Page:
In a win for fuel cell electric vehicle (FCEV) manufacturers, the final regulations confirm that FCEVs are exempt from the FEOC rules altogether.44 This outcome appropriately reflects how FCEVs are constructed, generally having only a small battery because they are primarily powered by a hydrogen fuel cell.

Effective Date and Reactions 

The final regulations do not go into effect until July 5, 2024, 60 days after their publication in the Federal Register.45 Once effective, however, the final regulations apply for tax years ending after the date Treasury and IRS released the relevant proposed regulations, which in all cases is in 2023.46 Therefore, for calendar year taxpayers, the final regulations will be applicable for all of 2023. Treasury and IRS stated that this effective date was within their general rule making authority under section 7805(b)(1).47 That provision allows for final regulations to apply as of "the date on which any proposed or temporary regulation to which such final regulation relates was filed with the Federal Register," an exception to the general bar on retroactive regulations.

For more information, please contact:

Andy Howlett,, 202-626-5821

Jim Gadwood,, 202-626-1574

Jaclyn Roeing,, 202-626-5929


1Section 30D(d)(1)(3). 
2Section 30D(e)(1). Vehicles that fail to meet this requirement will be eligible for a maximum credit of $3,750.
3Section 30D(e)(2). Vehicles that fail to meet this requirement will be eligible for a maximum credit of $3,750.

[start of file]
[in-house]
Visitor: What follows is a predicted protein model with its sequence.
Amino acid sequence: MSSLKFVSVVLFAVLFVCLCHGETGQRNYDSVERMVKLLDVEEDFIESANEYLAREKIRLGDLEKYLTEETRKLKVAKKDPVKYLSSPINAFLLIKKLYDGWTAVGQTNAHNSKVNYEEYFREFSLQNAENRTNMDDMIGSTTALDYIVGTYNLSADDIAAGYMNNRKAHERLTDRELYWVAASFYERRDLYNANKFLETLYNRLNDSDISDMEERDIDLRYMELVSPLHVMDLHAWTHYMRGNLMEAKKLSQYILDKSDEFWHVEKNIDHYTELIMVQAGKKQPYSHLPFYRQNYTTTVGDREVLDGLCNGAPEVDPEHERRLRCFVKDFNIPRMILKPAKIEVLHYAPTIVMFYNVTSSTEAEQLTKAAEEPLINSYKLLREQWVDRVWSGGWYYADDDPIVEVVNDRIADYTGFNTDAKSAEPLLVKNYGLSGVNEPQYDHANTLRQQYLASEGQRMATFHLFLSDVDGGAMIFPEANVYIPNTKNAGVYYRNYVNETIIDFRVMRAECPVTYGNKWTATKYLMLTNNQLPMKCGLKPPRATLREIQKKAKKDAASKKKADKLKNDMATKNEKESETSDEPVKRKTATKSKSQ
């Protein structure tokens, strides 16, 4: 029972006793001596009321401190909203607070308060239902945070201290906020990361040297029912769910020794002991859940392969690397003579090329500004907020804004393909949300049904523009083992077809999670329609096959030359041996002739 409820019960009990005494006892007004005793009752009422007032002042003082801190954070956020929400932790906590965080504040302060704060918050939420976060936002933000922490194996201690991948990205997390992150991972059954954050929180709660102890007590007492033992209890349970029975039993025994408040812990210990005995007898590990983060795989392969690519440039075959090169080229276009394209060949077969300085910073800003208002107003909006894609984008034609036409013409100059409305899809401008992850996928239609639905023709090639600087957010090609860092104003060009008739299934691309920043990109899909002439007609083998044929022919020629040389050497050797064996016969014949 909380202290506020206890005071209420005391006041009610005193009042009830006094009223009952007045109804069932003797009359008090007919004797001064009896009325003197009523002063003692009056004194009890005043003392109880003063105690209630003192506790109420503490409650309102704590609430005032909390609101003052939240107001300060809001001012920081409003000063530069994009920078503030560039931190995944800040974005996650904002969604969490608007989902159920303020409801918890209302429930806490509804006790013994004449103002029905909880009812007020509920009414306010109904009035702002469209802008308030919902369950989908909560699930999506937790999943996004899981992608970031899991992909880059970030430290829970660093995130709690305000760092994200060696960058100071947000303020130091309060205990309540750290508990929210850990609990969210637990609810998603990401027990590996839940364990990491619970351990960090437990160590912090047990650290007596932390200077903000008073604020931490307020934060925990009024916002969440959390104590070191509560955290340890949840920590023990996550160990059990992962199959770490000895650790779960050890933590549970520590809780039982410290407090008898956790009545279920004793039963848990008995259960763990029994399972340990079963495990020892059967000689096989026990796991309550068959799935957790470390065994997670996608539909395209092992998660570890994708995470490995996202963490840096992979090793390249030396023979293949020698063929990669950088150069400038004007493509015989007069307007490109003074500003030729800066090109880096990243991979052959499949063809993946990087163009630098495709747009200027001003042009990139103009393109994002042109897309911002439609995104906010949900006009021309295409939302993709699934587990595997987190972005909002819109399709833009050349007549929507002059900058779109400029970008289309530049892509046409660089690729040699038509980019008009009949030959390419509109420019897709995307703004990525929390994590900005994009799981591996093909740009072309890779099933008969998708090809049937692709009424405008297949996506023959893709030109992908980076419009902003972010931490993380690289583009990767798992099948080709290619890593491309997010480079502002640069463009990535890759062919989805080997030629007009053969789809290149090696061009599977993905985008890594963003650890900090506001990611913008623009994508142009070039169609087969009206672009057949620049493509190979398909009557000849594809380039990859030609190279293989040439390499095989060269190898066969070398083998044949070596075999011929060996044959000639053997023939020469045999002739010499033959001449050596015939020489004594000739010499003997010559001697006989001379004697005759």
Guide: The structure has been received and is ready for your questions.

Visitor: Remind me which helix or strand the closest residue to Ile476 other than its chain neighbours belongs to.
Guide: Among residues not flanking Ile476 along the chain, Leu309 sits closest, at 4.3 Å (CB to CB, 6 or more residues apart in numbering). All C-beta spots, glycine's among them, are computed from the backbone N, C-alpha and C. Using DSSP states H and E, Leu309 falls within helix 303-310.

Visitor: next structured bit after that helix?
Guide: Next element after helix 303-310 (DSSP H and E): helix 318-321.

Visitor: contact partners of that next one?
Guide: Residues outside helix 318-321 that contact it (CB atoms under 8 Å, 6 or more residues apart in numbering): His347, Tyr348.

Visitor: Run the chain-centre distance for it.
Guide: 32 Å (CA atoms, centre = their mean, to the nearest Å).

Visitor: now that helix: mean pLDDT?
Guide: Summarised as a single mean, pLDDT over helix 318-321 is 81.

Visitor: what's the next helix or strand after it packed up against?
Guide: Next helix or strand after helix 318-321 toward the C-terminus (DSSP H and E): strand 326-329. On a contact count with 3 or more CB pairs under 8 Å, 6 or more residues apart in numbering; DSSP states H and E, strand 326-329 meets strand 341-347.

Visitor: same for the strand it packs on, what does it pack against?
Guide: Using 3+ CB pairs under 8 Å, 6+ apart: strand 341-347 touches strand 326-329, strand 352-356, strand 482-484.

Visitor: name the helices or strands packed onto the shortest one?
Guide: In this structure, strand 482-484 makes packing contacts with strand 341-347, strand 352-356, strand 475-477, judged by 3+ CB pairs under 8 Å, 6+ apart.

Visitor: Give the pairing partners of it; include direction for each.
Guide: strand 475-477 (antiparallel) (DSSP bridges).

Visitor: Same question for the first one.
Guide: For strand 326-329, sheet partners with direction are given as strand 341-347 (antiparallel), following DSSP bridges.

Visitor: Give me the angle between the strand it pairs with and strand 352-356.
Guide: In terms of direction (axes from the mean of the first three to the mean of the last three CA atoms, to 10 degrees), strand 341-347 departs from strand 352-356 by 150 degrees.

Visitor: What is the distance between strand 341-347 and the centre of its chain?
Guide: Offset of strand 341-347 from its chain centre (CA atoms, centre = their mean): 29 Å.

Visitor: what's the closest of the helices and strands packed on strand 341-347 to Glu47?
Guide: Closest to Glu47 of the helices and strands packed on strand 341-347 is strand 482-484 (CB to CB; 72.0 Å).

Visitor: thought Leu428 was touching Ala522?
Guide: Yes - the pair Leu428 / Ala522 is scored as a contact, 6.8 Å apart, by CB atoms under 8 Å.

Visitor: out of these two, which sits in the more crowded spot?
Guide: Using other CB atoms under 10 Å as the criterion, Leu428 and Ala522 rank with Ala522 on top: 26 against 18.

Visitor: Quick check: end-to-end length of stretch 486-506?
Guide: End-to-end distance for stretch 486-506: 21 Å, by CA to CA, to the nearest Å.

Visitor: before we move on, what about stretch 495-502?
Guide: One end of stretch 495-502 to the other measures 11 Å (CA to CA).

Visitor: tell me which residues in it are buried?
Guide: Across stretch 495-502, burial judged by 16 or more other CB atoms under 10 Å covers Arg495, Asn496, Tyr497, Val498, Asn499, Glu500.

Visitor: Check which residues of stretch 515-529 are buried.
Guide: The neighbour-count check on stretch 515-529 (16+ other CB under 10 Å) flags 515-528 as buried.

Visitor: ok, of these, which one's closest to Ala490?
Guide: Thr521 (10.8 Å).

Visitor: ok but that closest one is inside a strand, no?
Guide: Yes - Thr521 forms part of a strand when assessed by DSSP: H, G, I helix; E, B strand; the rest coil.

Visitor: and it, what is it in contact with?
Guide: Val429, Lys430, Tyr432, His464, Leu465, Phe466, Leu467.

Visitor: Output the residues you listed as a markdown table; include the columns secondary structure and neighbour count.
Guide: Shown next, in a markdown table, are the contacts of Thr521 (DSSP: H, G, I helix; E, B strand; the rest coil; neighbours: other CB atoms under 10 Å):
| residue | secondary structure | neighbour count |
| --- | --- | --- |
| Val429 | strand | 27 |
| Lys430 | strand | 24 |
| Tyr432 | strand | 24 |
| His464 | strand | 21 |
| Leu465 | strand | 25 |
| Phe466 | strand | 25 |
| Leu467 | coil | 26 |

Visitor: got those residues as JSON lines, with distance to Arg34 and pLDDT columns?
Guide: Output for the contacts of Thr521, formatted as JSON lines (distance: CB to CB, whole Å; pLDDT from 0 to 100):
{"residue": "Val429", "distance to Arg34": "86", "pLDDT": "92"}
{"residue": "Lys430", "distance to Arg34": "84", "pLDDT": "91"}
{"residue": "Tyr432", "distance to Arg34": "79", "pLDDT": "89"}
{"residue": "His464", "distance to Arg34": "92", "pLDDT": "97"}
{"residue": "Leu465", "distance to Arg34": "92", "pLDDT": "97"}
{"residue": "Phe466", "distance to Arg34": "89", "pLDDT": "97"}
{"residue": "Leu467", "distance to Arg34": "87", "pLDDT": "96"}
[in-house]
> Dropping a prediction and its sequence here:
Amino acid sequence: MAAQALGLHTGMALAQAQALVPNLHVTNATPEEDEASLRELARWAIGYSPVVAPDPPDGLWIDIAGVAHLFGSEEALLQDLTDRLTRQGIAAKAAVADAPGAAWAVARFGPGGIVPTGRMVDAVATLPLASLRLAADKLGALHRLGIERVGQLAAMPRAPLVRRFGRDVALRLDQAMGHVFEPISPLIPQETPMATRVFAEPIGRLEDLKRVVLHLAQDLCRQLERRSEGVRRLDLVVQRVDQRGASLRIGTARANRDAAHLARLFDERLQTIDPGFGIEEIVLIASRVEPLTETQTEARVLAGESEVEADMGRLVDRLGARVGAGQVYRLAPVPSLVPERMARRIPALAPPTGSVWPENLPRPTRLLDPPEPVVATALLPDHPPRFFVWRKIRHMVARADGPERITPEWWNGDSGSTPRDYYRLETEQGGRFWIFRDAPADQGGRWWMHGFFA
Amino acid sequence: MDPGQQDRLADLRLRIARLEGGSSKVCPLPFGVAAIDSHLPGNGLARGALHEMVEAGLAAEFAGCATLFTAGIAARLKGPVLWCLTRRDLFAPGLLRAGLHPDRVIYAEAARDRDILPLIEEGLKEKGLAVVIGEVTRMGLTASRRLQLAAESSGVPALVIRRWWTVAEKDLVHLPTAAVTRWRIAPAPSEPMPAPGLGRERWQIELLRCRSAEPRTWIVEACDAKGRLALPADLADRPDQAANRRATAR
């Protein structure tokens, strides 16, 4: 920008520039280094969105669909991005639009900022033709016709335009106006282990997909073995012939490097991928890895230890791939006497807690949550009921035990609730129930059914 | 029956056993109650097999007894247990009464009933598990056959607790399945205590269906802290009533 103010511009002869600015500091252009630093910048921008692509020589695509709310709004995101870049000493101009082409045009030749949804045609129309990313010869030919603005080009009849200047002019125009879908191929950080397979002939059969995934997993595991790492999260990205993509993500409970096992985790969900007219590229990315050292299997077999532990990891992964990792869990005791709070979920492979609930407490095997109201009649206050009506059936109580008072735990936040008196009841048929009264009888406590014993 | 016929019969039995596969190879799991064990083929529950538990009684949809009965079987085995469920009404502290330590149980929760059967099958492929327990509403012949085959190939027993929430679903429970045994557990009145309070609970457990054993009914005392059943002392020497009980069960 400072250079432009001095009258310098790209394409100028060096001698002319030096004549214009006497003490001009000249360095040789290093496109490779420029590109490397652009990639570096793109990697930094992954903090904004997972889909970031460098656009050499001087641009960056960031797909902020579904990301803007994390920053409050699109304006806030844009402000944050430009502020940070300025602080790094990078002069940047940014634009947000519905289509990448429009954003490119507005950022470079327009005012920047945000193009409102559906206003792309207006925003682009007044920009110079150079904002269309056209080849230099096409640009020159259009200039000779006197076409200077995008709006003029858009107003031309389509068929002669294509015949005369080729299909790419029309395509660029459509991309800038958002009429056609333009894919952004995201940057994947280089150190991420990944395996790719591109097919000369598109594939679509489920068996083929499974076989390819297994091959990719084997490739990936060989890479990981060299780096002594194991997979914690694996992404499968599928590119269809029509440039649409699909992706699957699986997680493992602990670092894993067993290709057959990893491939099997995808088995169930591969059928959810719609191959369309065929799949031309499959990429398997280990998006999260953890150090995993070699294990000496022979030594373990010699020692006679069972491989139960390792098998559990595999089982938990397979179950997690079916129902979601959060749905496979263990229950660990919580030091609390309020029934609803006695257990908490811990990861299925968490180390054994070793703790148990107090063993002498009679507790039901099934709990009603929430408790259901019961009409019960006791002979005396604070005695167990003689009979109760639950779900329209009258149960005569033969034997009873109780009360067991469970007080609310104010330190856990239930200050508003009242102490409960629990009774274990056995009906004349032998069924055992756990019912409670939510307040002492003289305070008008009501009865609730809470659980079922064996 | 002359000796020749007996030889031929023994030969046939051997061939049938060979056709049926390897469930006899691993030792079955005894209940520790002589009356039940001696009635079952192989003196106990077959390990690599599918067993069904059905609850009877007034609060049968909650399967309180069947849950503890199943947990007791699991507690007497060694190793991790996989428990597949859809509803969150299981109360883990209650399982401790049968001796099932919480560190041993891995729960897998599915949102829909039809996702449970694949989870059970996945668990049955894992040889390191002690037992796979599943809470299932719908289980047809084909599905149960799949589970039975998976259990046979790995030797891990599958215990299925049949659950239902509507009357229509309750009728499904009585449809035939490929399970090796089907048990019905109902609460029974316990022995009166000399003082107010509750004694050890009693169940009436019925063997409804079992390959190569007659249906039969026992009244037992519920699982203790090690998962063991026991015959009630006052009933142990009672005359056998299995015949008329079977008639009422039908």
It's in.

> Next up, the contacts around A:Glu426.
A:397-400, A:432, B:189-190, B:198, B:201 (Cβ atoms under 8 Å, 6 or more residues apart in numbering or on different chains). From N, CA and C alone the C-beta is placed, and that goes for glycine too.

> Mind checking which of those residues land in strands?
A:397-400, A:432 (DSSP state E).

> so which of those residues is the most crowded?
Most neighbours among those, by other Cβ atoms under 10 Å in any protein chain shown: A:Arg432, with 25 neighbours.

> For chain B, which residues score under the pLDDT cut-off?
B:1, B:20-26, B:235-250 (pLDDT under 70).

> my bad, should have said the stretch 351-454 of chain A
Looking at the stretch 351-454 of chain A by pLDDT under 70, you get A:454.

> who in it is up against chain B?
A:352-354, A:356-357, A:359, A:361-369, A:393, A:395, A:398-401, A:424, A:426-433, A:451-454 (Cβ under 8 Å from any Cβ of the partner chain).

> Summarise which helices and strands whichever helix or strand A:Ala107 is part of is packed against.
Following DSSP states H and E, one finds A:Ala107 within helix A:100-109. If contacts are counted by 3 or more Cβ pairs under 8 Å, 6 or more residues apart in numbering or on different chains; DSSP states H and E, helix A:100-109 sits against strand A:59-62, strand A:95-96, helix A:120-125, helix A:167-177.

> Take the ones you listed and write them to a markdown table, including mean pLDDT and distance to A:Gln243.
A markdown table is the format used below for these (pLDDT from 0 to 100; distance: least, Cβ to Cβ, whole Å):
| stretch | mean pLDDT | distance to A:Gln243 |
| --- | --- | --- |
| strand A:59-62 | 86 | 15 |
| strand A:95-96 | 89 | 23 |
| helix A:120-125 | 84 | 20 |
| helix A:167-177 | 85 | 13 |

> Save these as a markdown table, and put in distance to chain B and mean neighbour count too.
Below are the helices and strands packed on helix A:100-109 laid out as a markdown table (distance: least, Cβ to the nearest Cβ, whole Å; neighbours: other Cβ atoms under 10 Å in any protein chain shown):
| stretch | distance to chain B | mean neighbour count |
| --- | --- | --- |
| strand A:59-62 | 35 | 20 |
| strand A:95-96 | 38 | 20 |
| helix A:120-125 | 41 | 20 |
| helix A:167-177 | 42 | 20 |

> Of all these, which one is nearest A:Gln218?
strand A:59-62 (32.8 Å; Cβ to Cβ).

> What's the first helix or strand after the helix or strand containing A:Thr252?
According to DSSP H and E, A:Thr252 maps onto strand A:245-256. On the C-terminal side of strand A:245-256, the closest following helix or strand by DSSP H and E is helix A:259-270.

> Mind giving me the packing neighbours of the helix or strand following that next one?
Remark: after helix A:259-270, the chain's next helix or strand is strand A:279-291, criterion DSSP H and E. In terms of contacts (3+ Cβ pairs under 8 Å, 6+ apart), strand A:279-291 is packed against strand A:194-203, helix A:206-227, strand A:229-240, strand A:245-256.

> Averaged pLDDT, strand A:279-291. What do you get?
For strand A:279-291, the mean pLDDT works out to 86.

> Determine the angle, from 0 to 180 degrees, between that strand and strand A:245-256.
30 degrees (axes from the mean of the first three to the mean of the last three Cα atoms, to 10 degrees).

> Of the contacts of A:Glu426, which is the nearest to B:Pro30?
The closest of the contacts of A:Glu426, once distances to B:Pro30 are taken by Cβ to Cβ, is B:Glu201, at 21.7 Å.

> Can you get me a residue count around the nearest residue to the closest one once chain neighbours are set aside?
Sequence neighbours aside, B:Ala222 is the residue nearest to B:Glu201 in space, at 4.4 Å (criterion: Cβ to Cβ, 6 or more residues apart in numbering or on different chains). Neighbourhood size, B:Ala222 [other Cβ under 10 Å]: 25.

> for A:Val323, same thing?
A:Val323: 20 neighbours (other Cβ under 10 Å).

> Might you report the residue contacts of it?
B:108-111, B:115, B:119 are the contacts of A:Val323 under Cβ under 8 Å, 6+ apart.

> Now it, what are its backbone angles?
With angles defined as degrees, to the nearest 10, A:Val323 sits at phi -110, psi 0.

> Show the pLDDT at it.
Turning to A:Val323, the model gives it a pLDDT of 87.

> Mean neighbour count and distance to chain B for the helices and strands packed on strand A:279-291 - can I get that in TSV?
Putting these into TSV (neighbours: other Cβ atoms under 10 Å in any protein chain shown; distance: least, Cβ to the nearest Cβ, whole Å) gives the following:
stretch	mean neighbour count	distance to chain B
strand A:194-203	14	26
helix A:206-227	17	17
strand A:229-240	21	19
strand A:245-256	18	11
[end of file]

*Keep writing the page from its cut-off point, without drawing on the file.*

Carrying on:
4Section 30D(d)(7)(A).
5Section 30D(d)(7)(B). 
610 U.S.C. § 4872(d)(2). 
7Treas. Reg. § 1.30D-5(e)(3).
8Treas. Reg. § 1.30D-5(e)(1), (2). 
9Treas. Reg. § 1.30D-5(e)(1)(i). See also, Treas. Reg. § 1.30D-5(e)(5)(i), Ex. 1.
10Prop. Treas. Reg. § 1.30D-3(c)(17).
11Treas. Reg. § 1.30D-3(a)(3)(iii).
12Treas. Reg. § 1.30D-3(a)(3)(iv).
13Treas. Reg. § 1.30D-3(a)(4), (c)(1)(ii). 
14Treas. Reg. § 1.30D-3(a)(8).
15Treas. Reg. § 1.30D-3(b)(1). 
16Treas. Reg. § 1.30D-3(b)(3)(iii).
1789 Fed. Reg. at 37086.
1889 Fed. Reg. at 37080-81.
1989 Fed. Reg. at 37082, 85.
2089 Fed. Reg. at 37090.
2189 Fed. Reg. at 37082.
2289 Fed. Reg. at 37083.
2389 Fed. Reg. at 37090.
2488 Fed. Reg. at 84084.
2589 Fed. Reg. at 37084, 90.
2689 Fed. Reg. at 37084.
2789 Fed. Reg. at 37084.
28Treas. Reg. § 1.30D-6(b)(1).
29Treas. Reg. § 1.30D-6(b)(1). 
30Treas. Reg. § 1.30D-6(b)(1).
31Treas. Reg. § 1.30D-6(b)(1).
32Treas. Reg. § 1.30D-6(b)(1), (c)(5).
33Treas. Reg. § 1.30D-6(f).
34Treas. Reg. § 1.30D-6(b)(2), (c)(3)(iii).
35Treas. Reg. § 1.30D-6(c)(3)(ii)
36Treas. Reg. § 1.30D-2(b)(25).
37Treas. Reg. § 1.30D-2(b)(25).
38Treas. Reg. § 1.30D-2(b)(26).
39Treas. Reg. § 1.30D-6(a)(2), (d)(2)(ii). Per the preamble to the final regulations, Treasury and the IRS anticipate issuing additional requirements for the transition rule report, including "robust documentation of efforts made to date to secure FEOC-compliant battery supply, such as potential suppliers engaged, offtake agreements, and contracts entered into with domestic or compliant suppliers."
40Prop. Treas. Reg. § 1.30D-6(c)(3)(ii)(A)
41Treas. Reg. § 1.30D-6(c)(1)(ii), (3)(ii).
42Treas. Reg. § 1.30D-6(c)(3)(i).
43Treas. Reg. § 1.30D-6(e)(1).
44Treas. Reg. § 1.30D-6(g).
4589 Fed. Reg. at 37706.
46See Treas. Reg. §§ 1.30D-1(d), -2(d), -4(j) (effective for tax years ending after December 4, 2023), -3(h) (effective for new clean vehicles placed in service after April 17, 2023, in taxable years ending after April 17, 2023), and 89 Fed. Reg. at 37744. Because the transferability rules do not apply until 2024, those regulations are effective for new clean vehicles placed in service after December 31, 2023, in taxable years ending after December 31, 2023. Treas. Reg. § 1.30D-5(k). The same effective date applies to the FEOC Restriction. Treas. Reg. § 1.30D-6(j).
4789 Fed. Reg. at 37743.